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December 1, 2015 / 19 Kislev, 5776
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As Taxes Rise, Bibi’s Popularity Begins To Nosedive


JERUSALEM – Despite public displays of support for Israel and Prime Minister Benjamin Netanyahu from presumed Republican presidential nominee Mitt Romney, who recently visited Israel, several local polls show that the Israeli leader is rapidly losing support among his own Likud Party voters. Many of those surveyed believe that his meandering political adventures, as well as his fiscal and social measures, are unfairly burdening the middle class.

Though new elections aren’t scheduled to take place until October 2013, two polls have indicated that Netanyahu’s Likud Party, which polls showed would have garnered as many as 33 seats in May, has now dropped to 28 seats. One poll conducted by the Israeli business daily Globes indicated that the Labor Party, led by Shelly Yachimovich, would win the second largest number of Knesset mandates (19 or 20) if elections were held in the near future. The representation of the centrist Kadima Party, headed by Shaul Mofaz, would drop sharply – from its current 28 seats to approximately seven seats.

Over the past few weeks, Netanyahu has seen his unity government coalition with Kadima collapse after the country’s two largest political parties failed to agree on new conscription legislation that would have replaced the Tal Law. (An agreement would have almost certainly boosted the number of haredim drafted into the IDF or Sherut Leumi, National Service.) Netanyahu’s attempt to persuade seven Kadima Knesset members to bolt from their party and join the Likud faction also failed, after the Israeli leader couldn’t guarantee their electoral certainty ahead of the 2013 elections.

Netanyahu has also endured heavy criticism from both middle-class voters and politicians within his coalition after announcing a series of economic austerity measures. Those actions, to be phased in, include raising personal income taxes, increased gasoline taxes and taxes on fruits and vegetables. The proposed tax hikes are intended to close a widening budget deficit.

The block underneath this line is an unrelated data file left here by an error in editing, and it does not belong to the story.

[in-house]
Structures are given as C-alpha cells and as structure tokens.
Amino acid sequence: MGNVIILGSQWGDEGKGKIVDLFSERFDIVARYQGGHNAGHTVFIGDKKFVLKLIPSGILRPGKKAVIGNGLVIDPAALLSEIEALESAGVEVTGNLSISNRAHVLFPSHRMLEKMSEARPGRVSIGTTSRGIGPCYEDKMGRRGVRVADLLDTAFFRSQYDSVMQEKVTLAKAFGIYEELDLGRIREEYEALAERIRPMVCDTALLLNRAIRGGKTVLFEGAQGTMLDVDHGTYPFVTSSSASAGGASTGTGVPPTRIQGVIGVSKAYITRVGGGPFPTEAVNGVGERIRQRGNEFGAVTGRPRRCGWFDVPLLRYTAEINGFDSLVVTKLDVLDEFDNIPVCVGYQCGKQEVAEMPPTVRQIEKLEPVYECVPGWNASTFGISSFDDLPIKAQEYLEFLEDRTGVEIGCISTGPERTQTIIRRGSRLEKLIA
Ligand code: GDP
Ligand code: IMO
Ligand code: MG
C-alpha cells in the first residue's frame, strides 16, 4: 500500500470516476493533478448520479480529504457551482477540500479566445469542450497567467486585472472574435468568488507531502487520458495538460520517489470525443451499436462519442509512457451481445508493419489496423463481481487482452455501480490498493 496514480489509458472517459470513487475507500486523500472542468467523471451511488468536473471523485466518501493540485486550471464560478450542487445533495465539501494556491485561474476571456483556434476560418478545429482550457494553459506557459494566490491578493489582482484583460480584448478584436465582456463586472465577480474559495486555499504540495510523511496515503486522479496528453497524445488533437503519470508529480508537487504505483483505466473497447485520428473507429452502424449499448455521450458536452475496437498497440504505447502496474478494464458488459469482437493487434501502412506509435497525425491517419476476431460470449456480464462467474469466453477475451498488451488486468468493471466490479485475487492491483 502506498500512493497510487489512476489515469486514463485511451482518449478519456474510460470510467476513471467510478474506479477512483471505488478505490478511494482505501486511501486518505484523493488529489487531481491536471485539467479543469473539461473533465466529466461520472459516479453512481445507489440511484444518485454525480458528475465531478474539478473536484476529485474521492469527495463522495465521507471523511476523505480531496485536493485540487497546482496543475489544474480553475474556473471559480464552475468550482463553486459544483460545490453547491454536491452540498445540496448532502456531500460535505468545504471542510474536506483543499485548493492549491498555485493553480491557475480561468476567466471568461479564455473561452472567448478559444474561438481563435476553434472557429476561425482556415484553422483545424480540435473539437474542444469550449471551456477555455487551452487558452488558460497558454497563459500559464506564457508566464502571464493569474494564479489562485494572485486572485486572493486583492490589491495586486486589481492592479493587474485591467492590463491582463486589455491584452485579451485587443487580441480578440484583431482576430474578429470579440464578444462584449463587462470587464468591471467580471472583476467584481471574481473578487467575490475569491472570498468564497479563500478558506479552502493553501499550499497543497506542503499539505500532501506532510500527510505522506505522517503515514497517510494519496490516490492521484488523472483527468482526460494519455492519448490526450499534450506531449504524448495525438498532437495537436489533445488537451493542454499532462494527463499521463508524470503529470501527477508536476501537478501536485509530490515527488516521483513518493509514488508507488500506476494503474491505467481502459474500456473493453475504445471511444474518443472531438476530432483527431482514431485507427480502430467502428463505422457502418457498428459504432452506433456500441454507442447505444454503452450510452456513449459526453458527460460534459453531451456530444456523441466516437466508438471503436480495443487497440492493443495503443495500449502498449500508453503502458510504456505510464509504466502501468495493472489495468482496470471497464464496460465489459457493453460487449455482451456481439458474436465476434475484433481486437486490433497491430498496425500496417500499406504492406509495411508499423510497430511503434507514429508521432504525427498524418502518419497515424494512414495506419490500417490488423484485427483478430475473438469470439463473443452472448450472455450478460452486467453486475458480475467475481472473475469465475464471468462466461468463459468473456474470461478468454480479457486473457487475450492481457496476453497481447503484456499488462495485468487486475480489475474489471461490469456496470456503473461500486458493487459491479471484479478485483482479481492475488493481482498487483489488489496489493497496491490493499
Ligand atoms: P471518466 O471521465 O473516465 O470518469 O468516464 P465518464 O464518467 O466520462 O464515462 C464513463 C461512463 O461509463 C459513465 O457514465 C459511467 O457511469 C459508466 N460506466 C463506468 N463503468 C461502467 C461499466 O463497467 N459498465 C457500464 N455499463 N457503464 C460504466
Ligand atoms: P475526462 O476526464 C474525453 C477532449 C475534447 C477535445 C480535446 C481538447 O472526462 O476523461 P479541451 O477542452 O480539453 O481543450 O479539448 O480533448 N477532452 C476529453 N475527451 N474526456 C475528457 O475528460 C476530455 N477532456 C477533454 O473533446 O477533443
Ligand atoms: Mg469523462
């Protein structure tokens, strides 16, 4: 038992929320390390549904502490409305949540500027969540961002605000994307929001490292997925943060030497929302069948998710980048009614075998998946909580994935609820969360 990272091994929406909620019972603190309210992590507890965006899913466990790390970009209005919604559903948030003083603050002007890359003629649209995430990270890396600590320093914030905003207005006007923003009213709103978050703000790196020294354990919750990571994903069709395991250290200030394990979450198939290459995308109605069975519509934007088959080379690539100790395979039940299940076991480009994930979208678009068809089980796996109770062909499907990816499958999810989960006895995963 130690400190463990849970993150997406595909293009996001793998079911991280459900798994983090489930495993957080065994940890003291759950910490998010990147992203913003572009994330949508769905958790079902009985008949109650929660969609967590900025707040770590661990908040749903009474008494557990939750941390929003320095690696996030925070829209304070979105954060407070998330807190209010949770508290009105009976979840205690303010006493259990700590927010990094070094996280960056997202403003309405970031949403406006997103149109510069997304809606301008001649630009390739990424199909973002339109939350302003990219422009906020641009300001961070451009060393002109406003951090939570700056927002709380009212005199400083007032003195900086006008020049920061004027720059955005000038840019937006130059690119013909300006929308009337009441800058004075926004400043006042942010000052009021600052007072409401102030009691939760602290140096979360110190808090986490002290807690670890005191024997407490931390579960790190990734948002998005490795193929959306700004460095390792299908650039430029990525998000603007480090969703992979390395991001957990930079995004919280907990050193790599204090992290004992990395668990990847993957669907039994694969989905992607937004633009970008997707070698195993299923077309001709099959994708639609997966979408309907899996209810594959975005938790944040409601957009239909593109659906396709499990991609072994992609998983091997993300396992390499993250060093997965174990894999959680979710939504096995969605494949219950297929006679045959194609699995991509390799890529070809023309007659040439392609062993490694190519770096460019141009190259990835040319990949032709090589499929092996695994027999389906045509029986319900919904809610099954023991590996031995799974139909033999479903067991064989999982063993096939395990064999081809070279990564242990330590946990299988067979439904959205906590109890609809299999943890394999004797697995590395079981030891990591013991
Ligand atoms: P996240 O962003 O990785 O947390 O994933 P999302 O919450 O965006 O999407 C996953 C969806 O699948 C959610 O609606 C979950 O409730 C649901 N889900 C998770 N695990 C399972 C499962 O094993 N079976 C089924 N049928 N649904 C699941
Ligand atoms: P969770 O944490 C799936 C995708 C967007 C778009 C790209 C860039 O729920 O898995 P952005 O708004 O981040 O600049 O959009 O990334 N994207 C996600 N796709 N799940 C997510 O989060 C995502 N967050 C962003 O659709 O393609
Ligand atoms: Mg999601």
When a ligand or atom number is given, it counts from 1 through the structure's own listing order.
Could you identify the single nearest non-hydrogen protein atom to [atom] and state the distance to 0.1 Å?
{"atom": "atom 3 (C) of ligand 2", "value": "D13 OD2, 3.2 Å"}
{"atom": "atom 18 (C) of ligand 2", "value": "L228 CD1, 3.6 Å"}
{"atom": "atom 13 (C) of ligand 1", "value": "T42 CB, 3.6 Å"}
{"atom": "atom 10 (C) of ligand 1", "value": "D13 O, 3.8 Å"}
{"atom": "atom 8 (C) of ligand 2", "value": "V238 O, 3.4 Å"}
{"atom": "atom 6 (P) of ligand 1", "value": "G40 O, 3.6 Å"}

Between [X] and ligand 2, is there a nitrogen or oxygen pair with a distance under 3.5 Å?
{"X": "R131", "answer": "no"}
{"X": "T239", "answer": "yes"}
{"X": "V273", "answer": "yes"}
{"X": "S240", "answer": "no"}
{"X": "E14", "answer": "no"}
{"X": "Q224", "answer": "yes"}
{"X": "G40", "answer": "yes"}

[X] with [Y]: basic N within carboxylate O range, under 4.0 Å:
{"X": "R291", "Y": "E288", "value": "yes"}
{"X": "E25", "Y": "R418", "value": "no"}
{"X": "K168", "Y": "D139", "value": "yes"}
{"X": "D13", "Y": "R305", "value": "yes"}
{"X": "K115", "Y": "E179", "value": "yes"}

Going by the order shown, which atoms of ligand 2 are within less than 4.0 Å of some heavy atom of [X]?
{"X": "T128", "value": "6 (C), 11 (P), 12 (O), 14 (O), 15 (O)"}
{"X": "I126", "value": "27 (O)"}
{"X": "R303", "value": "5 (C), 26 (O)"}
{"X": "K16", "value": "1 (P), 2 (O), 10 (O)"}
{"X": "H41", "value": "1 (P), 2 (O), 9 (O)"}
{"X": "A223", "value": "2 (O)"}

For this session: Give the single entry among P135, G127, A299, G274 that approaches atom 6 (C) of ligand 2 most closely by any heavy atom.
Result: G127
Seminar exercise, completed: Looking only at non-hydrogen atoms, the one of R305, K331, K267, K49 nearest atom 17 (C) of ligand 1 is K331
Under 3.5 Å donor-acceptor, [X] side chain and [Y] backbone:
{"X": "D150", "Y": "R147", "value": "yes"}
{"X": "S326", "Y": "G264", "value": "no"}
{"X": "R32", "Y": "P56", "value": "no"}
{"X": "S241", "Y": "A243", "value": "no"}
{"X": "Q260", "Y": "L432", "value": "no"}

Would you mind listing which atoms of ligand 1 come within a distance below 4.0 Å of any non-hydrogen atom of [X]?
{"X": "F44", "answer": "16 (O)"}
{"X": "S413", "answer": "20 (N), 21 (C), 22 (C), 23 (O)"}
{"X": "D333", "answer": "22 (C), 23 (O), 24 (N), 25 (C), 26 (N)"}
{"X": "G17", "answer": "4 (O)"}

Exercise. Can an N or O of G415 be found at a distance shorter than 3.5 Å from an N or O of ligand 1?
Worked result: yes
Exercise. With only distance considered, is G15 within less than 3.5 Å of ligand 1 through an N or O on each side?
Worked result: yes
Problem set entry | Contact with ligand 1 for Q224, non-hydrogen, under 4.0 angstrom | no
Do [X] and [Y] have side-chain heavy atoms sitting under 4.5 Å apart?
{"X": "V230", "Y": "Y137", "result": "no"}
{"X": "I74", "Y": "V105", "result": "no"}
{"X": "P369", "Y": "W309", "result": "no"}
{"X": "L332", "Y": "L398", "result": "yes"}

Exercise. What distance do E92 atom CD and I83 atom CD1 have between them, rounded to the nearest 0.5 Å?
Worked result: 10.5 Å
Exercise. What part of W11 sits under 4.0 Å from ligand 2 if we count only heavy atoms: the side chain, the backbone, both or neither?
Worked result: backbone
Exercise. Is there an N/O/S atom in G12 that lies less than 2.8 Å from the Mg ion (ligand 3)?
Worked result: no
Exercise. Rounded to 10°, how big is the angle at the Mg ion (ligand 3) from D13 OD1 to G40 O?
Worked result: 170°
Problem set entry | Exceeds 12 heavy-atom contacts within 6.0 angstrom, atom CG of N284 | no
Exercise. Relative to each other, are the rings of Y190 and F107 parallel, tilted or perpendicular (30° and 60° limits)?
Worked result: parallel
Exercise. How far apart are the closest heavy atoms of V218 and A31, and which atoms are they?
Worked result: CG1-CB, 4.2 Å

The new tax measures were announced as the Central Bureau of Statistics reported that unemployment could rise to eight percent within the next few months, as Israel’s export industry has been hit hard by the recession in Europe. This has resulted in layoffs in the agricultural and food production industries, which rely heavily on orders from EU countries. A 35-40 percent tax is currently imposed on the average Israeli’s income of about $500 (2,000 shekels) per week. That does not include the arnona tax (city/homeowners tax). And on August 1, the price of a gallon of gas rose to nearly eight dollars.

Knesset member Orly Levi-Abekasis, whose Yisrael Beiteinu Party represents the second largest faction in Netanyahu’s coalition government, was highly critical of the Israeli leader’s economic policies.

In an interview with 7 Days, Yediot Aharonot’s weekend supplement, Levi-Abekasis said that the government has squandered taxpayer dollars by quietly paying off large debts incurred by various government and quasi-governmental agencies, including the Jewish Agency. She also said that the Ministry of Finance, headed by close Netanyahu confidante Yuval Steinitz, has hundreds of millions of shekels in its coffers that could be used to improve the lives of many Israelis who have either fallen on hard times or on the verge of economic distress.

Levi-Abekasis’s stinging criticism was prompted in part by the death of Moshe Silman, who immolated himself several weeks ago after complaining that no one within Israel’s bureaucratic social welfare system cared about his deteriorating fiscal and physical health. According to 7 Days, Silman reached out to Levi-Abekasis’s office in March. She recalled that her staff contacted several government agencies to try to assist Silman.

Levi-Abekasis said, “He represented the classic example of how someone can fall between the chairs. Unfortunately, there are 10,000 other people like him who are falling into despair but there are less and less government mechanisms and money to help them. This is a direct result of the policies implemented by the Ministry of Finance and government of Israel.”

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